This is partly due to dealing with people who have no understanding of science telling me that evolution is false, or those with no understanding of history telling me about God's unique relationship with our American founders. But it is partly related to LB's thoughtful comment in the last thread. I simply do not believe that most conservatives have really thought through their supply-side (not conservative=supply-side) economics through. Their adherence to the deregulation, lower taxes, smaller government mantra is repeated as a faith -based assumption, with no or little recognition of the historical reality. I am not saying there are not some arguments to be made on this economic philosophy--but I am saying that most people who repeat the "less government/lower taxes" mantra have not though through the salmonella in their peanut butter or their economic system failing through mismanagement.


February 12, 2009

More on Republicans and Obama

Apropos of Monk's most recent comment, this story about Judd Gregg suddenly withdrawing at Commerce supposedly over disagreements over the stimulus (which is essentially the same as when he offered himself for the job) and a difference of opinion on policy.

All due respect to Steve and LB (and any other conservatives reading this) but I don't buy it. I don't buy that Gregg didn't know what he was getting into when he signed up for this job. What I (and a lot of other people) think is that Gregg signed up for the job when bipartisanship was supposedly something that Republicans wanted to do. But since then, the Republicans seem to have decided they would rather let the economy tank than give credit to a Democrat. They have declared war on the new President, despite the fact that they lost the last election and Obama's poll numbers remain high. They have declared war on the President despite an economy on the brink of collapsing. They have put their own petty party loyalty ahead of the country.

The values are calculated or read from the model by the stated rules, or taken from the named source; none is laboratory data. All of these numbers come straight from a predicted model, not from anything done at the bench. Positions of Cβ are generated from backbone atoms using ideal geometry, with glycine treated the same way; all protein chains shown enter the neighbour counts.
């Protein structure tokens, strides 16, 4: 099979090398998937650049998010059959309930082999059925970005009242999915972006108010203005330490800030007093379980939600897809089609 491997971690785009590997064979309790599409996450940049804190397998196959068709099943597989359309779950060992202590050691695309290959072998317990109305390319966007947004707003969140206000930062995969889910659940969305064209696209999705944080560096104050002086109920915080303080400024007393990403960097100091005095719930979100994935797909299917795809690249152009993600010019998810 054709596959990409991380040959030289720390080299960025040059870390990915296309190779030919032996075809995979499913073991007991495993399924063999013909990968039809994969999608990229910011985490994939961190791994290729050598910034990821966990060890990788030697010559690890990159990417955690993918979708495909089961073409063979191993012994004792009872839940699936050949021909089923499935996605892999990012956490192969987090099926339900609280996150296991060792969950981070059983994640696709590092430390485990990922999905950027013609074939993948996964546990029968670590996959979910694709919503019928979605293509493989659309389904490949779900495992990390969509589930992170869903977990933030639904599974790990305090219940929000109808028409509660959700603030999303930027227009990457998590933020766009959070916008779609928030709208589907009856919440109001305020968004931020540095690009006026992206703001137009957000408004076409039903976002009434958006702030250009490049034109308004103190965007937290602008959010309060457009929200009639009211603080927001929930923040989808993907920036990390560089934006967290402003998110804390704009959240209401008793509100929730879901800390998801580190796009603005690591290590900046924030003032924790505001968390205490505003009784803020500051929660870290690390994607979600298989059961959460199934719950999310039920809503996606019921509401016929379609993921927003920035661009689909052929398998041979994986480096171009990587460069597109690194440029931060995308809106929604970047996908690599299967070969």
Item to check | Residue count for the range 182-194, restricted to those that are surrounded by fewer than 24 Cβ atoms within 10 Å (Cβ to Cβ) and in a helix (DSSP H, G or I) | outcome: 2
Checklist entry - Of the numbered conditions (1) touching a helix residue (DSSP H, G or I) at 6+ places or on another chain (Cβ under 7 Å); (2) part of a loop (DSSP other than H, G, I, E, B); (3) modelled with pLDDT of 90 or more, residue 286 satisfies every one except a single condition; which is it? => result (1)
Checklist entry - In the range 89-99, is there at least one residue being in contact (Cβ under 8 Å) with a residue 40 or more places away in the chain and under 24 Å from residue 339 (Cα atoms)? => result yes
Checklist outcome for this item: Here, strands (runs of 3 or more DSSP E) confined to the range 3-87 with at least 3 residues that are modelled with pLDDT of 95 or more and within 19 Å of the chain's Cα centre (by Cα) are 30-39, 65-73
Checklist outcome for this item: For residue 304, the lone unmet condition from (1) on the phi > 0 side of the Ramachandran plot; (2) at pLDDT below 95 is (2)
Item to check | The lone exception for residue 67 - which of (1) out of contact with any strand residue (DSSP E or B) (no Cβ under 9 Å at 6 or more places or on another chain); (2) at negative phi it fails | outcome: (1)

Sorry, but this pisses me the hell off. And it pisses me off especially because I know a lot of Republicans who are more responsible and ethical than this, and I have no clue why they allow this kind of bullshit to represent their interests.